Florida Motorcycle Helmet Law 2020 - Brooks Law Group

Driving a motorcycle brings its own set of dangers, and riders are intimately familiar with them. The most experienced motorcyclists can have their trip, or even their life, cut short by a careless driver in a car in an instant. While the risk will always persist, there are ways of decreasing it. For that reason, we’ll be talking about the Florida Motorcycle Helmet Law today. Motorcyclists in Tampa, Winter Haven, and the rest of Florida: Pay close attention!

The Florida Motorcycle Helmet Law: What it actually says

You may have noticed that riders without helmets are a fairly common occurrence in our state. That’s because Florida has a partial helmet law. Here’s what Florida law says about helmets:

“a person over 21 years of age may operate or ride upon a motorcycle without wearing protective headgear securely fastened upon his or her head if such person is covered by an insurance policy providing for at least $10,000 in medical benefits for injuries incurred as a result of a crash while operating or riding on a motorcycle.”

As long as you’re over the age of 21 and are covered by an acceptable insurance policy, you are not required to wear a helmet in our state.

For younger motorcyclists, helmets are mandatory, regardless of the level of your insurance policy. Once you hit the age of 21, all bets are off. You’re free to make your own decisions about your level of road safety.

Why Should You Wear a Helmet?

There are few feelings that compare to riding a motorcycle on open roads. Without any restraints or thick glass to separate you from the asphalt, it’s a feeling of freedom. The pavement flies by, the wind blows through your hair and few things else matter. This unique experience comes with a cost, however.

We’re not here to take away your personal freedom, neither is the Florida Motorcycle Helmet Law. Many motorcyclists find wearing a helmet to be an impediment to their experience. Only 71% of motorcyclists across the US wore them in 2018. Those who don’t may think it takes away from part of the thrill of riding in the first place. That’s your decision to make.

How Much DO Motorcycle Crashes Cost? - Brooks Law Group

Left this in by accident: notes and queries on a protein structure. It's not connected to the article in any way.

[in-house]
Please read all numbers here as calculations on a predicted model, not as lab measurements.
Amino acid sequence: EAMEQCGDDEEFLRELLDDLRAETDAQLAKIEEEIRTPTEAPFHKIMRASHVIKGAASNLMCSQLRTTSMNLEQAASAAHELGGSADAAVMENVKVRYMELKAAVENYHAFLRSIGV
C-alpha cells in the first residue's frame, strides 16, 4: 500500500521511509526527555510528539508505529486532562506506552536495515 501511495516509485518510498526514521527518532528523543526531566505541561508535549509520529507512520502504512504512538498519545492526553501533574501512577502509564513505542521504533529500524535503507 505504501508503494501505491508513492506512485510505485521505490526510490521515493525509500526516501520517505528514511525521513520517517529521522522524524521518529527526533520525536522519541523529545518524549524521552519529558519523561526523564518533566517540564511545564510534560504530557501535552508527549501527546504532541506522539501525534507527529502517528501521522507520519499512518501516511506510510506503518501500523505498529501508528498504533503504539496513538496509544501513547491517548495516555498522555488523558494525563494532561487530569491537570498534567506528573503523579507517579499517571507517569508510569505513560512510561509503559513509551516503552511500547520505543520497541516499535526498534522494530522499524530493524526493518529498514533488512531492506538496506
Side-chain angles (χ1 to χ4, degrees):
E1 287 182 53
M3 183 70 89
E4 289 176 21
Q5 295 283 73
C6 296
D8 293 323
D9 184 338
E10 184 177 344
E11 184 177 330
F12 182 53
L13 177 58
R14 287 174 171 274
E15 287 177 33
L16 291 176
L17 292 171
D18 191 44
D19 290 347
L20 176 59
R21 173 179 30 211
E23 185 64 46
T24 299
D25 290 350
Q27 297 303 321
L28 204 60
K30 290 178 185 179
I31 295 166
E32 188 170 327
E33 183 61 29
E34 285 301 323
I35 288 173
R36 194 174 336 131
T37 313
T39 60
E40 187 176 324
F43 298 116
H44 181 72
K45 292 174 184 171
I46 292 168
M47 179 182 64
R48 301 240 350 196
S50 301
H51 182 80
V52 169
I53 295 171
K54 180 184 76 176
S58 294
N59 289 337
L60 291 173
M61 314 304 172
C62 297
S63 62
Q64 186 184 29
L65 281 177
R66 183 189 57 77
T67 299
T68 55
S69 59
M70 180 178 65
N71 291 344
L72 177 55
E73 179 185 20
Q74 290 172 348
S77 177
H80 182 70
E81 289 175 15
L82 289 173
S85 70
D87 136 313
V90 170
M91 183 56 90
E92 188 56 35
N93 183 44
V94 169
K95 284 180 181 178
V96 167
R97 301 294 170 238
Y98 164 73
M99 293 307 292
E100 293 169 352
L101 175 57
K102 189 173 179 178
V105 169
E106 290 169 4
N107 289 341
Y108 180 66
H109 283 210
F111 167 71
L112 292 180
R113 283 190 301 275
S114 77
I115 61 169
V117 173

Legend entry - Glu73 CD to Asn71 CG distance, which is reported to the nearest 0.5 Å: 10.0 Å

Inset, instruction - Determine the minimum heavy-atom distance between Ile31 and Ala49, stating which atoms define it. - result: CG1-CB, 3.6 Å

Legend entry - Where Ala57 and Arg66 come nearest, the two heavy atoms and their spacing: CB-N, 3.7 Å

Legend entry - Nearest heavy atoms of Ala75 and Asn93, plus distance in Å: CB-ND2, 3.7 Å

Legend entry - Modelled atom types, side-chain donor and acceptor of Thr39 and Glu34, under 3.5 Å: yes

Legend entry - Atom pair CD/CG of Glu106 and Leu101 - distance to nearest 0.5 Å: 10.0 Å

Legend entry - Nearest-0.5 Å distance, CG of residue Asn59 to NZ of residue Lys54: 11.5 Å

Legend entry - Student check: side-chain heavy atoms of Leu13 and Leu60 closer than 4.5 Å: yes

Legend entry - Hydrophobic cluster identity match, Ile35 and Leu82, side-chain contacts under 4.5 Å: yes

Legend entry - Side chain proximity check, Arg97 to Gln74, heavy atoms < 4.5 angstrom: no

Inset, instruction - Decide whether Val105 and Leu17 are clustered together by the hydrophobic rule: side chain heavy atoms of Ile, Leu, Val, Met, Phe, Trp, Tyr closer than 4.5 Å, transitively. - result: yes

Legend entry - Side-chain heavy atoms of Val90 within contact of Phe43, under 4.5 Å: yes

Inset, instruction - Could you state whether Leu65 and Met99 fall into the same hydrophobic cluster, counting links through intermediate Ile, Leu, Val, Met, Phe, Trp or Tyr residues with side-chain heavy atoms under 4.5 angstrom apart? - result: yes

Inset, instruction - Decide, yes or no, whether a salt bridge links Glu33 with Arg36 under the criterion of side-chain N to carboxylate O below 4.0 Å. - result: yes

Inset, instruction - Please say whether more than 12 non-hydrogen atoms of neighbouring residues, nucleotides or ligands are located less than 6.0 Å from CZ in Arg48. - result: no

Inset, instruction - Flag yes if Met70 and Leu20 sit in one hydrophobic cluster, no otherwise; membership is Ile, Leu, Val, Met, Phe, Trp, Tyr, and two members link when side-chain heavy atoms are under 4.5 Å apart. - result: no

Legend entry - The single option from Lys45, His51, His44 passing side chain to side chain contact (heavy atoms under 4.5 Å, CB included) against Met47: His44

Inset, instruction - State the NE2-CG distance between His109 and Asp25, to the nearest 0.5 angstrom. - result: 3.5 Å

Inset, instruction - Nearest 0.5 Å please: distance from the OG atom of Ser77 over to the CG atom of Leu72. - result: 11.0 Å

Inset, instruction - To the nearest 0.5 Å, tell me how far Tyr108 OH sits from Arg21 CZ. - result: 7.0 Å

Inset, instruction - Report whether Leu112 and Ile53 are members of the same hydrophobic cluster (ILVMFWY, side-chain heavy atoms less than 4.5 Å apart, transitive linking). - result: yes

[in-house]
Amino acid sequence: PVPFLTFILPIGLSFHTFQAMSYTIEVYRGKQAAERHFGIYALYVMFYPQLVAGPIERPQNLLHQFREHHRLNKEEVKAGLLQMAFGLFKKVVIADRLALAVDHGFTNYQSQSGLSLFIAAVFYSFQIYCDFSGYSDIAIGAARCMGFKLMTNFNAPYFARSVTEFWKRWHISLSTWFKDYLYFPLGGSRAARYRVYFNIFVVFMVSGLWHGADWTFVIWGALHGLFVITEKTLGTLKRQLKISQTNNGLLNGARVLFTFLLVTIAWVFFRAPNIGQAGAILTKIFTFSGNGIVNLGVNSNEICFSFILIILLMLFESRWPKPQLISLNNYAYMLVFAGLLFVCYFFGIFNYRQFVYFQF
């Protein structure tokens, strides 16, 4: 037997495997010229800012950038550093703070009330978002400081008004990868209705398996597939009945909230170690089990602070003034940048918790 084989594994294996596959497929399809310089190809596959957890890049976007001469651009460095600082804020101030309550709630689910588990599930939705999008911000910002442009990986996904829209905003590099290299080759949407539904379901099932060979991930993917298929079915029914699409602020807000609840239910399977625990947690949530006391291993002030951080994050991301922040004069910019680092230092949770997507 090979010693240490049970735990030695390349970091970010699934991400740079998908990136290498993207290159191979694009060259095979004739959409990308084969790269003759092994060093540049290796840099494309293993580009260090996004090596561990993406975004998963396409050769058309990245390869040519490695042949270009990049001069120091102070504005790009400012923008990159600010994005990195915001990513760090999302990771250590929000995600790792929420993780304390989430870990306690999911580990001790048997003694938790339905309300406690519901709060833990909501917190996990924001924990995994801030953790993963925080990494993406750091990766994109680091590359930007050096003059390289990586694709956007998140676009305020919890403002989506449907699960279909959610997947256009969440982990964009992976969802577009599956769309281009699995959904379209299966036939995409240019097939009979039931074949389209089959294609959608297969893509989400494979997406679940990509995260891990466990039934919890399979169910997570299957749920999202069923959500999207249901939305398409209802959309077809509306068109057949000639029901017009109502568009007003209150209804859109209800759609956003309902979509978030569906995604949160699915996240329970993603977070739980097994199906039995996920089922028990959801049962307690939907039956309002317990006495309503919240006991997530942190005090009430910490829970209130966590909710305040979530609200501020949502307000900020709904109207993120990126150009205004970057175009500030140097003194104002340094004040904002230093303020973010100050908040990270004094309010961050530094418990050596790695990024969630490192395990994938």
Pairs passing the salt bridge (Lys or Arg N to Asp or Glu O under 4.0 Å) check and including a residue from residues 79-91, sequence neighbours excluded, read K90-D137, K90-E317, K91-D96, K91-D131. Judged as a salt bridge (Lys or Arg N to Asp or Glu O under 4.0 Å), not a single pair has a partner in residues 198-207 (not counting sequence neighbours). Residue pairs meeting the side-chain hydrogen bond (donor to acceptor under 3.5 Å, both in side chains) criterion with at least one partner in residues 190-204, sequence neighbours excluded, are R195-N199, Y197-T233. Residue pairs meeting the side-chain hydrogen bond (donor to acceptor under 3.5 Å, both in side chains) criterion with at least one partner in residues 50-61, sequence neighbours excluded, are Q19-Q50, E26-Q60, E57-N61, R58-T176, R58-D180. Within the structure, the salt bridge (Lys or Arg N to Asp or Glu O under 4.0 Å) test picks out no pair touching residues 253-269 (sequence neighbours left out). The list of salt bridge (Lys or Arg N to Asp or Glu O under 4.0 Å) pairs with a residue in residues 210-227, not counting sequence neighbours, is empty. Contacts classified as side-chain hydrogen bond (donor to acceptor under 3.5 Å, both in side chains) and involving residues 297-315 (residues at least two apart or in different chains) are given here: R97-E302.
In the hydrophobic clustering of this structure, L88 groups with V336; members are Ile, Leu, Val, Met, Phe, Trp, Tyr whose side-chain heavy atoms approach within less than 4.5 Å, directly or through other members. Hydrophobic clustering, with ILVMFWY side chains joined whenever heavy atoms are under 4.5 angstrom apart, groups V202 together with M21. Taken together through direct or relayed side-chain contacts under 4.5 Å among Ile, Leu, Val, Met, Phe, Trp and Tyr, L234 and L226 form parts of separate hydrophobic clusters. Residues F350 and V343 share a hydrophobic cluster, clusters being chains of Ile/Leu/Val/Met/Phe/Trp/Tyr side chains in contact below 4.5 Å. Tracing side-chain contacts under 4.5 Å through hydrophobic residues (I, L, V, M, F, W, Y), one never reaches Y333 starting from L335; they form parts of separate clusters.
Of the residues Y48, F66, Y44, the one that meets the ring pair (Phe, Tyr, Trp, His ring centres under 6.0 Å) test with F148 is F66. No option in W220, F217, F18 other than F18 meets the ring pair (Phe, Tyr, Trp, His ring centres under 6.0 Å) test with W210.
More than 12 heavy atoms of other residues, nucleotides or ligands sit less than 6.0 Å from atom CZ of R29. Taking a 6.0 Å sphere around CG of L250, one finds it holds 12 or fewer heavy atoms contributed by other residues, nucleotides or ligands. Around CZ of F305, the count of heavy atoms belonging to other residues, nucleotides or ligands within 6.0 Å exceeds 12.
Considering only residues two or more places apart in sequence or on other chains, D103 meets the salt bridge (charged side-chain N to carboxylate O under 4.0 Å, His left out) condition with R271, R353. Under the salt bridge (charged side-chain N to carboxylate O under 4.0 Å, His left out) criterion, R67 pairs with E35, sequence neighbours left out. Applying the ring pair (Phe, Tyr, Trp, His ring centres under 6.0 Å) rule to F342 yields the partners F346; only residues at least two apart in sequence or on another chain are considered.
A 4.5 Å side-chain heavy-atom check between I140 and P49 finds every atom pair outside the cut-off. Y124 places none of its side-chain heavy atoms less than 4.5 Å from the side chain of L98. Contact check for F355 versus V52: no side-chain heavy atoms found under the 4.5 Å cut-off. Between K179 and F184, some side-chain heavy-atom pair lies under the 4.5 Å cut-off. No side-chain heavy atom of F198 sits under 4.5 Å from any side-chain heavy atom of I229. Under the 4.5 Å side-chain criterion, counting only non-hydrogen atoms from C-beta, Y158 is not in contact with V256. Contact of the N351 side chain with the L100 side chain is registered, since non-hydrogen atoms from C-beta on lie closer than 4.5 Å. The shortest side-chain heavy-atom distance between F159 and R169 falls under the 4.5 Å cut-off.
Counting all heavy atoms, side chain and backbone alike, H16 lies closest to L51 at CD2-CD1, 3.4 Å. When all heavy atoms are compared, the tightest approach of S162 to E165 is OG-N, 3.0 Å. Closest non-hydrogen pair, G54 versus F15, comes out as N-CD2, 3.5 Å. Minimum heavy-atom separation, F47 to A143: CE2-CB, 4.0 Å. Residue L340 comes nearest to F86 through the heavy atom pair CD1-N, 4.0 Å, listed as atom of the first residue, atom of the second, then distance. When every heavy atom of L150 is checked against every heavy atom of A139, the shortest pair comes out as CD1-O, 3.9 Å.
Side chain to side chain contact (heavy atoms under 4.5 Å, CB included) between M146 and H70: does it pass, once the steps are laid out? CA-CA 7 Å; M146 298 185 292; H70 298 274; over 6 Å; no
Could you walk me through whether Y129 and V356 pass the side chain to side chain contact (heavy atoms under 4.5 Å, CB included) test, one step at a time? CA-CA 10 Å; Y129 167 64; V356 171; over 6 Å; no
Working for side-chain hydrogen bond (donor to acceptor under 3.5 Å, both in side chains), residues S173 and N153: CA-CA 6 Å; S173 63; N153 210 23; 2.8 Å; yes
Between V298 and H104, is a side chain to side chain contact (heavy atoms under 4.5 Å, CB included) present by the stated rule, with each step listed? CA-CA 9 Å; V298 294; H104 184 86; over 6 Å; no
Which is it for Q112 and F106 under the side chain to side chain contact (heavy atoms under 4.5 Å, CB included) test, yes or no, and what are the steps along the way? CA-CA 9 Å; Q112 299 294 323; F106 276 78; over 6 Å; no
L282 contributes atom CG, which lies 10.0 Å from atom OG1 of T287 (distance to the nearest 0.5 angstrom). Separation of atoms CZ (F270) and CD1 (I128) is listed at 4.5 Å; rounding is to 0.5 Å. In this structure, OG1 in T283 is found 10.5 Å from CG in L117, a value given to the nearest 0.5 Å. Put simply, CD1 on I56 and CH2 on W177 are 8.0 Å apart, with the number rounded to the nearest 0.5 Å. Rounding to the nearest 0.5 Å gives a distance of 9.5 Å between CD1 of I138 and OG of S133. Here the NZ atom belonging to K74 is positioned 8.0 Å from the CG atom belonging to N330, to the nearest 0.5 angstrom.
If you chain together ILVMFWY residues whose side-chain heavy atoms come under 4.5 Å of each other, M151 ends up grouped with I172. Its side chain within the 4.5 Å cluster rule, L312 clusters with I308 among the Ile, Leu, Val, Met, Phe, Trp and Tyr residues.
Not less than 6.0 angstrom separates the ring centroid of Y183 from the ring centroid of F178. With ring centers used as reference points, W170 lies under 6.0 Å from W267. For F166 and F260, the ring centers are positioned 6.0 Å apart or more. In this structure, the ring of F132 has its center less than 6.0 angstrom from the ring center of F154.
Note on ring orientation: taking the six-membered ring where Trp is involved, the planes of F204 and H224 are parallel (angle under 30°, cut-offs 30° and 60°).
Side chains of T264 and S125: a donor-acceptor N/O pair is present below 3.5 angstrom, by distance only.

If you’re an adult that is aware of the risks and has an appropriate level of insurance coverage (far higher than the required $10,000, in our opinion), you are free to make your own choices in our state – see the Florida Motorcycle Helmet Law quoted above.

However: Let’s take a look at some of the compelling reasons why you should wear a helmet:

  • Helmets prevent roughly 37% of motorcycle deaths
  • Helmets are around 67% effective in preventing brain injuries
  • In 2017, motorcycle helmets saved more than 1,800 lives

Those are numbers that are pretty hard to ignore.

The bottom line is that motorcyclists in our state have a choice. If you’re aware of the facts and are willing to face the risks, you have the freedom to do so.

Still, it’s our goal to present you with those risks so that you might think twice the next time you hop on your bike. We’ve seen enough tragic stories to know that a helmet is something we wouldn’t leave home without.

Contact Brooks Law Group for Motorcycle-related Cases in Florida

If you or a loved one has been injured in a crash, you need guidance from experienced motorcycle crash attorneys. At Brooks Law Group, we’ve been fighting for motorcycle accident victims since we opened our doors more than 25 years ago.

Our attorneys and staff will rise to any challenges presented by our clients’ cases. We’re dedicated to providing the best client experience possible every step of the way. You won’t owe us anything unless we recover money for your accident.

Call our offices at (800) LAW-3030 or fill out our online form for your free, no-obligation case evaluation. Connect with a law firm that cares about you: Look to Brooks!


Steve was born in New Orleans, Louisiana. As was the practice for new doctors his father worked day and night during his medical residency at Charity Hospital there. Steve comes from a long line of doctors. His father, his grandfather, his great grandfather, even two uncles were all specialists and/or surgeons in their chosen medical specialties, including internal medicine specialist, obstetrics / gynecology, neurosurgery and general practice / surgery. His great-great grandfather was the Surgeon General of Ohio during the Civil War.